Pipeline Blast Halts Iran Gas Export to Armenia

GERMANY-BELARUS-RUSSIA-OILTEHRAN (Tehran Times)–Iran’s gas exports to Armenia was temporarily interrupted Wednesday due to an explosion that rocked the Armenian section of the conveyance pipeline.

Armenian officials informed their counterparts in Tehran Wednesday morning that an explosion has occurred at some segment of the Iran-Armenia pipeline, which lies inside Armenian border, according to SHANA news agency.

According to Iranian officials, gas will resume flowing through the pipeline as soon as Armenia repairs the damaged segments.  

Iran began exporting natural gas to Armenia in May. According to a deal signed in May 2004, Armenia will pay for the gas with electricity it produces at itsSoviet-era nuclear power plant at Metzamor.

Based on the agreement, Iran is supposed to transfer three million cubic meters of gas per day to Armenia by the end of 2010, and from the beginning of 2011 raise this volume up to four million cubic meters per day.

The volume of gas exports could gradually rise to 6.3 million cubic meters per day.

In exchange, Armenia will transfer three kilowatt/hours of electricity for each cubic meter of the Iranian gas.

The Iran-Armenia pipeline has a diameter of 30 inches and runs for 113 kilometers from Tabriz to the Iran-Armenia border.


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  1. Pingback: Pipeline Blast Halts Iran Gas Export to Armenia | Asbarez News | armeniatoday

  2. Pat said:

    Can Asbarez or anyone comment on the diameter of the constructed pipeline with more further details, the Armenian people would be highly interested to know if the current diameter of the pipeline was imposed during construction in an attempt to limit gas imports to Armenia.

    As it stands, it seems Armenia could in fact import larger quantities for storage or resale, however, that would be only possible with larger diameter pipes to allow greater flux of gas to Armenia. As such, were limitations put on this Armenia/Iran energy exchange by “other powers” cough* Russia cough* ? This is a vital question that has never been address, is Armenia truly free to import/export as it pleases? Any and all responses appreciated.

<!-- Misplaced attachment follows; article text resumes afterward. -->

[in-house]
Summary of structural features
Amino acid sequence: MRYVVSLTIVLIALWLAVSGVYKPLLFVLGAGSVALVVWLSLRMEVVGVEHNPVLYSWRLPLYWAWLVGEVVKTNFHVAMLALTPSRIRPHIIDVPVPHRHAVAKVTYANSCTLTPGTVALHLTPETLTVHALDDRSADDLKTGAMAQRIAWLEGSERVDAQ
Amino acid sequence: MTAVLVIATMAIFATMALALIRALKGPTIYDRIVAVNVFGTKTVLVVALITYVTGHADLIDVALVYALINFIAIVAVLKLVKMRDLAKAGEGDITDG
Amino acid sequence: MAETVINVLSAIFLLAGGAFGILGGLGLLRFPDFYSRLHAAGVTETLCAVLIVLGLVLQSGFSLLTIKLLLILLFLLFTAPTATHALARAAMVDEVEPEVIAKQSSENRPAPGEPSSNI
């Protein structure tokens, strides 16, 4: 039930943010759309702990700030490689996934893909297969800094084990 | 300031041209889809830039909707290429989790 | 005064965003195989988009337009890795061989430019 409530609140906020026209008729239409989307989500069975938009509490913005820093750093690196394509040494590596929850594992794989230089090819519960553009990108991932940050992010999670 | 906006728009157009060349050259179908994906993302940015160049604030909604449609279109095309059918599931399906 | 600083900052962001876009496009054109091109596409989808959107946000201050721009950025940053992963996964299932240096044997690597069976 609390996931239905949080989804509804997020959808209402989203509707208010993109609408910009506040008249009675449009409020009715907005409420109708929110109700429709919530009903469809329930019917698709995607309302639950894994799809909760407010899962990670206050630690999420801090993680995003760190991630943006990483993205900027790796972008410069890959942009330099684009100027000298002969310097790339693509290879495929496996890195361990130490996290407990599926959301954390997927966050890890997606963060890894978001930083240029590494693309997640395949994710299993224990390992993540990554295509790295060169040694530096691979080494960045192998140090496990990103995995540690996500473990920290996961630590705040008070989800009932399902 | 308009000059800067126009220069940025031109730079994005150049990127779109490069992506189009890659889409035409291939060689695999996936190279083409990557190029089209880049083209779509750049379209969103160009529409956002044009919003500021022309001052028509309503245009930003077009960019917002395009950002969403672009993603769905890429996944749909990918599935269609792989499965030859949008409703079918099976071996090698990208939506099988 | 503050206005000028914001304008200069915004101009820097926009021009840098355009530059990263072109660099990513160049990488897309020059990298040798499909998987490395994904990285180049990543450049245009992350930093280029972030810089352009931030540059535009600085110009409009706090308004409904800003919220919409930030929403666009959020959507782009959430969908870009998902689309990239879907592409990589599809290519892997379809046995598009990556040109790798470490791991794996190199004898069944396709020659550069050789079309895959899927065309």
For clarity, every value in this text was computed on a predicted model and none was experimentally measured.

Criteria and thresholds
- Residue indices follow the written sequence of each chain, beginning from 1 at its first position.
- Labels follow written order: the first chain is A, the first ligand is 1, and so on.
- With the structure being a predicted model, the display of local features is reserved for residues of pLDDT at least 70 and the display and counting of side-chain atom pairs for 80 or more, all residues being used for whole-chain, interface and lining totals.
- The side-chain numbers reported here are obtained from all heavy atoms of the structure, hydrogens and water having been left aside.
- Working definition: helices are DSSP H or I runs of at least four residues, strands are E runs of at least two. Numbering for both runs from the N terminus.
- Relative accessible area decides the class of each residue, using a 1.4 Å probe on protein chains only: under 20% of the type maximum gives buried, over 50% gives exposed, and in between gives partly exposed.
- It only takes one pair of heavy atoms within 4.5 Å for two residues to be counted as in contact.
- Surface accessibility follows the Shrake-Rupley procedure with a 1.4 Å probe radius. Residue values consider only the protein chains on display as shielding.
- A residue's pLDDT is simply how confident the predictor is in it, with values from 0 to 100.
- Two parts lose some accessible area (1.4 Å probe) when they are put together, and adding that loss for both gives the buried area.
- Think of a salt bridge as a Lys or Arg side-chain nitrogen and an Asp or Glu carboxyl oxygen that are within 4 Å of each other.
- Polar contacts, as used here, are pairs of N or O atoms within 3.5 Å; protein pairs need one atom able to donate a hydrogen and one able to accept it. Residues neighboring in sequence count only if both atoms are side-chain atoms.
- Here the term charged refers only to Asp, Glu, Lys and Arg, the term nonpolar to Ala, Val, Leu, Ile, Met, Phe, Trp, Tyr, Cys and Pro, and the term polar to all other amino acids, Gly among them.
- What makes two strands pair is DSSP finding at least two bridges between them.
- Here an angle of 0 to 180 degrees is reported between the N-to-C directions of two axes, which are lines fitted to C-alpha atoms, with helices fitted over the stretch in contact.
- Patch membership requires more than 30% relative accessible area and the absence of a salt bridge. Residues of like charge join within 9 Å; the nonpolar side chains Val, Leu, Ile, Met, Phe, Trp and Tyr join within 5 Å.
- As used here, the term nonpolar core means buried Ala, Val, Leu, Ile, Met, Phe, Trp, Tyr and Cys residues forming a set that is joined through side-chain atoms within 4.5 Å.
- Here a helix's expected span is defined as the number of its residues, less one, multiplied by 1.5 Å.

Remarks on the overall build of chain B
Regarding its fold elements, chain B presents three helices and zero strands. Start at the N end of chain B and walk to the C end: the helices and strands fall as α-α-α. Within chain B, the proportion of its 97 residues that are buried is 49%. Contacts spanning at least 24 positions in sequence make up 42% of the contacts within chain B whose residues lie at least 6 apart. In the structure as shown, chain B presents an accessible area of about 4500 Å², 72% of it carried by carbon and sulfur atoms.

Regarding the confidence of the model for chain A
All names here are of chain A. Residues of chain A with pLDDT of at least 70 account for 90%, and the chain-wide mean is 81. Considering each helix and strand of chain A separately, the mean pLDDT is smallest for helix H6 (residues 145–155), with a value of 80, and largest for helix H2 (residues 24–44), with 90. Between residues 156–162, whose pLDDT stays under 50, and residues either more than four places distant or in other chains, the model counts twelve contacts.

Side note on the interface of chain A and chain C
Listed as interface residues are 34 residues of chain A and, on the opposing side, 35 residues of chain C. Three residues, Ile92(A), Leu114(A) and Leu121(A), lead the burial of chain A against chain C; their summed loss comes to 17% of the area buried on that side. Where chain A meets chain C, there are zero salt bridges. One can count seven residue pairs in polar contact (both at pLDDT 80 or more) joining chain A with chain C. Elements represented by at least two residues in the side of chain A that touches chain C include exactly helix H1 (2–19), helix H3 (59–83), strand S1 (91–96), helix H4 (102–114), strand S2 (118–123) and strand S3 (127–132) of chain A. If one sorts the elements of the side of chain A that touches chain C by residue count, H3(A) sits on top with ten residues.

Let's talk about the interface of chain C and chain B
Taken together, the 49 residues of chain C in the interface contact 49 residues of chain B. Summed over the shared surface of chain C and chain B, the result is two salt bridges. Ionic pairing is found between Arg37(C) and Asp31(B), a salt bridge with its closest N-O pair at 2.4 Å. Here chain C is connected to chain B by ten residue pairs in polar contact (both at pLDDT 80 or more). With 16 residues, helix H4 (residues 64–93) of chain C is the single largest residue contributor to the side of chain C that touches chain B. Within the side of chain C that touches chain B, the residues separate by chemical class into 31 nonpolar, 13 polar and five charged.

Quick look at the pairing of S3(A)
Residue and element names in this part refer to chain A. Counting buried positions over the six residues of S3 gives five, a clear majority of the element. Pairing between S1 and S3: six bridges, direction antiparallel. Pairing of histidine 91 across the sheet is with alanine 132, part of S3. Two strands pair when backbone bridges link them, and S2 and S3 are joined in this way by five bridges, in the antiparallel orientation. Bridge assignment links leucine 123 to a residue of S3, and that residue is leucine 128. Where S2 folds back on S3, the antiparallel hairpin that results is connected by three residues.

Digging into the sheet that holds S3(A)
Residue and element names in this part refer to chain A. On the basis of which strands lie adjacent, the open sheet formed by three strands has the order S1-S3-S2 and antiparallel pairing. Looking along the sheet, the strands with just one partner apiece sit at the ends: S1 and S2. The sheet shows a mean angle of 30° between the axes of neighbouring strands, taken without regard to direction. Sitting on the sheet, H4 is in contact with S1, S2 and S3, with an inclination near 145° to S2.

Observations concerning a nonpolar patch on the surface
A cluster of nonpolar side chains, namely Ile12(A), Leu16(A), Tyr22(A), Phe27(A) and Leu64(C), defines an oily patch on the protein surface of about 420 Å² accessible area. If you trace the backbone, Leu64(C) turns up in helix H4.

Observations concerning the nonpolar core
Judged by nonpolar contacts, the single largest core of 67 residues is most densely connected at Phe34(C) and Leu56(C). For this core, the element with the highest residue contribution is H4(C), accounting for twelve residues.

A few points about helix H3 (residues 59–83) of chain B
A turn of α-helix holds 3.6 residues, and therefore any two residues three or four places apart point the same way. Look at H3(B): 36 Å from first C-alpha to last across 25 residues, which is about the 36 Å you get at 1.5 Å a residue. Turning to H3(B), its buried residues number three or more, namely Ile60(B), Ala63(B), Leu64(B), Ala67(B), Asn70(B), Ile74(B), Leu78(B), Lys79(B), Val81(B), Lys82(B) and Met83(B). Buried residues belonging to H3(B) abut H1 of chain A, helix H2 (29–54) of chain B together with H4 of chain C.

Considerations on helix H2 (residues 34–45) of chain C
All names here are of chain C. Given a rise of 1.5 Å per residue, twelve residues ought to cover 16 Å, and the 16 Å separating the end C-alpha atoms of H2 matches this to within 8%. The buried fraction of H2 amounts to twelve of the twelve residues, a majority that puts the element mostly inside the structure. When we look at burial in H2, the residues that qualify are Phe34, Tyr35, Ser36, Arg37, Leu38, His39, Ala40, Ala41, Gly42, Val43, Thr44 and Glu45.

3. Sarkis said:

    I don’t believe you can store natural gas in huge pressurized tanks. It would be very difficult to engineer such tanks, it would be cost prohibitive, plus they would become a major safety hazard. However you can store LNG (liquefied natural gas), which offers a ratio of 1/600, i.e. 1 cubic foot of LNG would produce 600 cubic feet of gas at atmospheric pressure. But LNG can only be produced by the supplier and is only carried by boats; hence it cannot be applied to Armenia. LNG can be stored at shipping or receiving points in huge insulated, steel lined, refrigerated concrete tanks. Then it is “re-gasified” and transported as gas thru pipelines. Gas pipeline sizes of 28” to 36”, are within the norm. In Armenia’s case 30” would allow flow increases to a certain degree by increasing the pressure at boosting stations, up to the pipeline maximum working pressure. In my opinion the Armenian size could be cost driven rather than other reasons, but I let others address that issue.